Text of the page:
Avoid temptations to maintain a healthy brain
Tuesday, February 13, 2018
Sugar, carbs and alcohol are not good for the brain. Thankfully, the biggest season for this trio — winter holidays such as Christmas and New Year's — is behind us. And having just been through the food and alcohol festivities associated with the Super Bowl, it is time to take a closer look at the consequences.
Sugar consumption may predispose us to problems with dementia in later life. A new study looked at data from 5,189 people in the English Longitudinal Study of Ageing and their baseline associated measures of glycated hemoglobin and risks later in life.
Researchers found that memory, executive functions and orientation rates showed evidence of cognitive decline and were associated with increases in glycated hemoglobin levels and diabetes. There is indication that maintaining optimal glucose levels may be beneficial to preventing cognitive decline.
There is a recognized overlap of risk factors related to dementia and Type 2 diabetes, but a causative relationship is unclear. Another recent study looked at 1,037 participants with 279 having diabetes. Researchers found no direct association between diabetes and dementia as the rate of dementia among the two groups were similar.
Regardless, both diseases share many risk factors, including obesity, history of heart disease, high cholesterol and high blood pressure. Further, it has been shown that glucose is not metabolized properly in the brains of those with Alzheimer's disease.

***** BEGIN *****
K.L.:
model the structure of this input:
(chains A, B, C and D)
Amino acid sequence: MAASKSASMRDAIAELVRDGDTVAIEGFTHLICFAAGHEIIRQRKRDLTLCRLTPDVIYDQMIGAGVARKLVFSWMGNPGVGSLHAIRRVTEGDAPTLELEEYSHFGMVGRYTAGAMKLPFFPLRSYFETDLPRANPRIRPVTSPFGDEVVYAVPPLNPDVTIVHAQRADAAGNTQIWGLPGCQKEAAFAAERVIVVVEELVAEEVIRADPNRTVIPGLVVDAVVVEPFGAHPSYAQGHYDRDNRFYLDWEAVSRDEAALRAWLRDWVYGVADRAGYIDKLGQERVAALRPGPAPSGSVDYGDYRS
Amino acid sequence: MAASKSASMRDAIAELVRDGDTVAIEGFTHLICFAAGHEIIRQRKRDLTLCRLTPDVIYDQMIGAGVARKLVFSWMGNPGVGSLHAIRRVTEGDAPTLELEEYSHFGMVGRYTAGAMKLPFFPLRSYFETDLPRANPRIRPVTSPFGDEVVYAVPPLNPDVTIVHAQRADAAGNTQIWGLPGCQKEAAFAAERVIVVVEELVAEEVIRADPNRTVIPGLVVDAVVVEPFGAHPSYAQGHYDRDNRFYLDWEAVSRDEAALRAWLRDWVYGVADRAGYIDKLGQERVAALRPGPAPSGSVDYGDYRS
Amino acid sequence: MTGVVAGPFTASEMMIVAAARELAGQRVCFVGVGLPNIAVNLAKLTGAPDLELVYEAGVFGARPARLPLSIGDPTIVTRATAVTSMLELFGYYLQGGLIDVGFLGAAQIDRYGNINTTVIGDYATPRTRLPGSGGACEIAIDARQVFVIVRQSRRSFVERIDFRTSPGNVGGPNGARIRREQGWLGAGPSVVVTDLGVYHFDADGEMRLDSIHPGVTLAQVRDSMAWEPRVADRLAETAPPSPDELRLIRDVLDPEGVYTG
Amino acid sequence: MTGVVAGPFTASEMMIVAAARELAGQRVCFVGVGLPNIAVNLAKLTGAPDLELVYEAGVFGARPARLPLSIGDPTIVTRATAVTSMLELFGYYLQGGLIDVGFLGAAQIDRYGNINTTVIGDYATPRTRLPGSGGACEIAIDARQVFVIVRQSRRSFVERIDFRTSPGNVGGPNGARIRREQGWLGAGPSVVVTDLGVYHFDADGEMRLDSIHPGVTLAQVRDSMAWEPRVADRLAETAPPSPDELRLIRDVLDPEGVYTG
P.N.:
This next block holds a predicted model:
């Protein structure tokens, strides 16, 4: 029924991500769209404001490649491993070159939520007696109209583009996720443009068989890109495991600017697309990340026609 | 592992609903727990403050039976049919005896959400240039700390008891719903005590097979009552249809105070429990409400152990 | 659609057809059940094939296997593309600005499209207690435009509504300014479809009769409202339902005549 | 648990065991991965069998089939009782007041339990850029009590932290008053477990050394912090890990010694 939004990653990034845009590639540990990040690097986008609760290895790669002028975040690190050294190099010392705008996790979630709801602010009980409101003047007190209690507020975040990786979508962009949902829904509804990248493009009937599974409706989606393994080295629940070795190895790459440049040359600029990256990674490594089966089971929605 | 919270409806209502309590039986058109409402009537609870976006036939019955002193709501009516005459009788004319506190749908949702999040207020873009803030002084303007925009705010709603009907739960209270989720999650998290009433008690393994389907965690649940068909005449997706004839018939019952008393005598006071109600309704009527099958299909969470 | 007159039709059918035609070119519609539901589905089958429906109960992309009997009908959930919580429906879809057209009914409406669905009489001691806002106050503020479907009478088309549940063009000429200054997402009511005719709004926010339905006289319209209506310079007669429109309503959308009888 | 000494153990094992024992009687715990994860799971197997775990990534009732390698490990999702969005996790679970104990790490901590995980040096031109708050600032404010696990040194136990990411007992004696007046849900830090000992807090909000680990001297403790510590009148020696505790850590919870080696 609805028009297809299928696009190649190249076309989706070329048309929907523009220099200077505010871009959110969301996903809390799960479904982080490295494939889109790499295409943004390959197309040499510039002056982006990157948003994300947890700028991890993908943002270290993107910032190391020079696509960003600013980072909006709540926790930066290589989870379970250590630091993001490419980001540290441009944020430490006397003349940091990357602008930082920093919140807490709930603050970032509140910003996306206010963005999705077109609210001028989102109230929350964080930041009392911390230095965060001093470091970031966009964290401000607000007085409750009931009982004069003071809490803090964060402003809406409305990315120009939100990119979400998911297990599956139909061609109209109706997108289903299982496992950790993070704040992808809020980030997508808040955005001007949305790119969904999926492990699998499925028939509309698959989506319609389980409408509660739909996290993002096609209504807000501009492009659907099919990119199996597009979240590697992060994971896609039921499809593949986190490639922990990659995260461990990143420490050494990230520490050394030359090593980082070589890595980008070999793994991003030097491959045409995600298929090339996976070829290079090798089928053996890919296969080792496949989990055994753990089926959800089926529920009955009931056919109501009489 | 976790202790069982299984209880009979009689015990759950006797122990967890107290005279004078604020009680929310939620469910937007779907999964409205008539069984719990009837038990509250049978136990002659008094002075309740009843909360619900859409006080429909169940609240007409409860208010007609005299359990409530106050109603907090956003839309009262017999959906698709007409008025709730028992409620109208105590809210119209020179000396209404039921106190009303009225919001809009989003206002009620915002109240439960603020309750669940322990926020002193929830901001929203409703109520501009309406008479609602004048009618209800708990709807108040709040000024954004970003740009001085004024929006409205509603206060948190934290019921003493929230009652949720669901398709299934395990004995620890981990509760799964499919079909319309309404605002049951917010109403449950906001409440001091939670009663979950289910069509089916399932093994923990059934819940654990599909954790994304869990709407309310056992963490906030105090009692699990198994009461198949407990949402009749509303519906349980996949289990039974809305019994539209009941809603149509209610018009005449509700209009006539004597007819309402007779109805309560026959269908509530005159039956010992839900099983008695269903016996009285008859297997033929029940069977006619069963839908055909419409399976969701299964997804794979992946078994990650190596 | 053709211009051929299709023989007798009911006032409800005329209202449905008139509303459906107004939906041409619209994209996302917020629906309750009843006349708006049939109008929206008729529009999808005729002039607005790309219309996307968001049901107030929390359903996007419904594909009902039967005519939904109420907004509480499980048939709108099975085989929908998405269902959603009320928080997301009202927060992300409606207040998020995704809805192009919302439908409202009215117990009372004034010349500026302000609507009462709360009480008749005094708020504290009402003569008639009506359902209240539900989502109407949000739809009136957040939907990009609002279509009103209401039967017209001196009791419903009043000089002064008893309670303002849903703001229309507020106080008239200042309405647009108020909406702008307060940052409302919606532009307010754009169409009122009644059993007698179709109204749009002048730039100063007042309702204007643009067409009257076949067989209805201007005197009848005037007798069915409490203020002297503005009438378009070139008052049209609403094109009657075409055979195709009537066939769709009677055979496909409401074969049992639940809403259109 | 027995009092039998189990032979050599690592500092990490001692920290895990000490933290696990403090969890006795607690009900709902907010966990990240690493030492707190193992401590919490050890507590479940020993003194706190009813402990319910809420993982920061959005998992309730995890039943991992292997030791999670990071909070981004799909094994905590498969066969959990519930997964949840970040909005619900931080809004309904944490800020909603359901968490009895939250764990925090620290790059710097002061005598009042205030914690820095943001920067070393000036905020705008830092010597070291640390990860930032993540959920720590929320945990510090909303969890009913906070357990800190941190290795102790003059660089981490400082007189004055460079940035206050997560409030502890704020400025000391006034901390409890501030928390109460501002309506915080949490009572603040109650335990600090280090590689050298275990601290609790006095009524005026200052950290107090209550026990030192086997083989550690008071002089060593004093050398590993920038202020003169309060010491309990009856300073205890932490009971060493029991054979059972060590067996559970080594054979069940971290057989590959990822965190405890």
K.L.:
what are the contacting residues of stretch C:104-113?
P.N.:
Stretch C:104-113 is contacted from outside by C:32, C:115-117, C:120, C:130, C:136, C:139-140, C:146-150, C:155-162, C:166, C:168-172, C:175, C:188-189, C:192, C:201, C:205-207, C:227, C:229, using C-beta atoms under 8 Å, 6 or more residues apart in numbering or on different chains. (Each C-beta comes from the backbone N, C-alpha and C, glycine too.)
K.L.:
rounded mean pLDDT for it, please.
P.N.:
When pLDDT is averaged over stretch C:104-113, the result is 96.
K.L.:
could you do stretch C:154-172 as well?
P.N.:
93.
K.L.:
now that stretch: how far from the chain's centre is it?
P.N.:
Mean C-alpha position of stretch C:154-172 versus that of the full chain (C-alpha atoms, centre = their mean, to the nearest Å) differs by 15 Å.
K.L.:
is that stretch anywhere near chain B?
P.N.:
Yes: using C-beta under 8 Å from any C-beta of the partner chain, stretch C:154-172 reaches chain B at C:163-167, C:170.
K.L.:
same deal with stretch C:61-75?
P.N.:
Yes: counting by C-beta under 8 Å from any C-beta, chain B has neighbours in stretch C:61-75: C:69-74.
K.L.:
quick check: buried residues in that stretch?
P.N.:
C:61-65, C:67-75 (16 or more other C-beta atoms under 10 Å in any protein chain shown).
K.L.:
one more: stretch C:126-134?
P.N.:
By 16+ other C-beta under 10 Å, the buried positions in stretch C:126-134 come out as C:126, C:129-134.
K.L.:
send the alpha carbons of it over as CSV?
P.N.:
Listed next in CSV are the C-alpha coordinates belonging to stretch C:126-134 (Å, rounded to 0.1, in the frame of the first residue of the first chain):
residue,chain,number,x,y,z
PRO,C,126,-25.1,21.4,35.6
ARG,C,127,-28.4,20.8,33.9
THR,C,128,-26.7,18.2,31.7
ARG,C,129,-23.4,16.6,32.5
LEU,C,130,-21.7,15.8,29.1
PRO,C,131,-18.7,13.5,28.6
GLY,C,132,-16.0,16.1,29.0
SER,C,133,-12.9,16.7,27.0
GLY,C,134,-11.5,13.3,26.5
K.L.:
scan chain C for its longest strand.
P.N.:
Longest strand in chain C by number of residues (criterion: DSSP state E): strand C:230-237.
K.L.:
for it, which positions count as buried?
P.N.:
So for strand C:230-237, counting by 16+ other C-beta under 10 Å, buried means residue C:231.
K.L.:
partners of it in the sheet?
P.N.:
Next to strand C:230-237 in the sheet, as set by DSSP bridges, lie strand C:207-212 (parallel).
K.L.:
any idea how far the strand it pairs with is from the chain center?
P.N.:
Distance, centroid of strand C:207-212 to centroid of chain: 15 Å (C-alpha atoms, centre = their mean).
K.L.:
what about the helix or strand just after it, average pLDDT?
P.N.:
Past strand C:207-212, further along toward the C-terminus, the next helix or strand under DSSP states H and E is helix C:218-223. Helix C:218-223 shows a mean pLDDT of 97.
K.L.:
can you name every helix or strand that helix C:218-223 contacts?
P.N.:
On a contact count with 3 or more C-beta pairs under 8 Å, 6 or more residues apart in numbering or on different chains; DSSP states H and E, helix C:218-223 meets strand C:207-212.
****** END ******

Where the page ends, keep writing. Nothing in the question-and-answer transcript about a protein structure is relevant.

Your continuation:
The solutions are the same for both diabetes and dementia, and that is to maintain a healthy lifestyle.
One of the suggested diet modifications is to adhere to a Mediterranean-type diet that emphasizes plant-based foods, such as fruits, vegetables, whole grains and nuts, to replace fats with olive oil and eat fish. The diet also includes drinking red wine in moderation. Staying physically and socially active is also important for brain health and the control of diabetic risk.
Prevention by diet and lifestyle is important. Currently, there are more than 30 million Americans with diabetes, of which 7 million are undiagnosed. These numbers are expected to increase with 1.5 million new cases diagnosed each year. And more than 5.5 million adults have been diagnosed with Alzheimer's disease, with 1 in 10 seniors having it.
Now is the time to build better habits. But be aware, while some of the temptations are behind us, there are more in front of us.
After Mardi Gras and Valentine's Day come the drinking days of beer and bourbon on St. Patrick's Day and mint juleps to celebrate the Kentucky Derby. All these temptations make achieving a healthy lifestyle more difficult.
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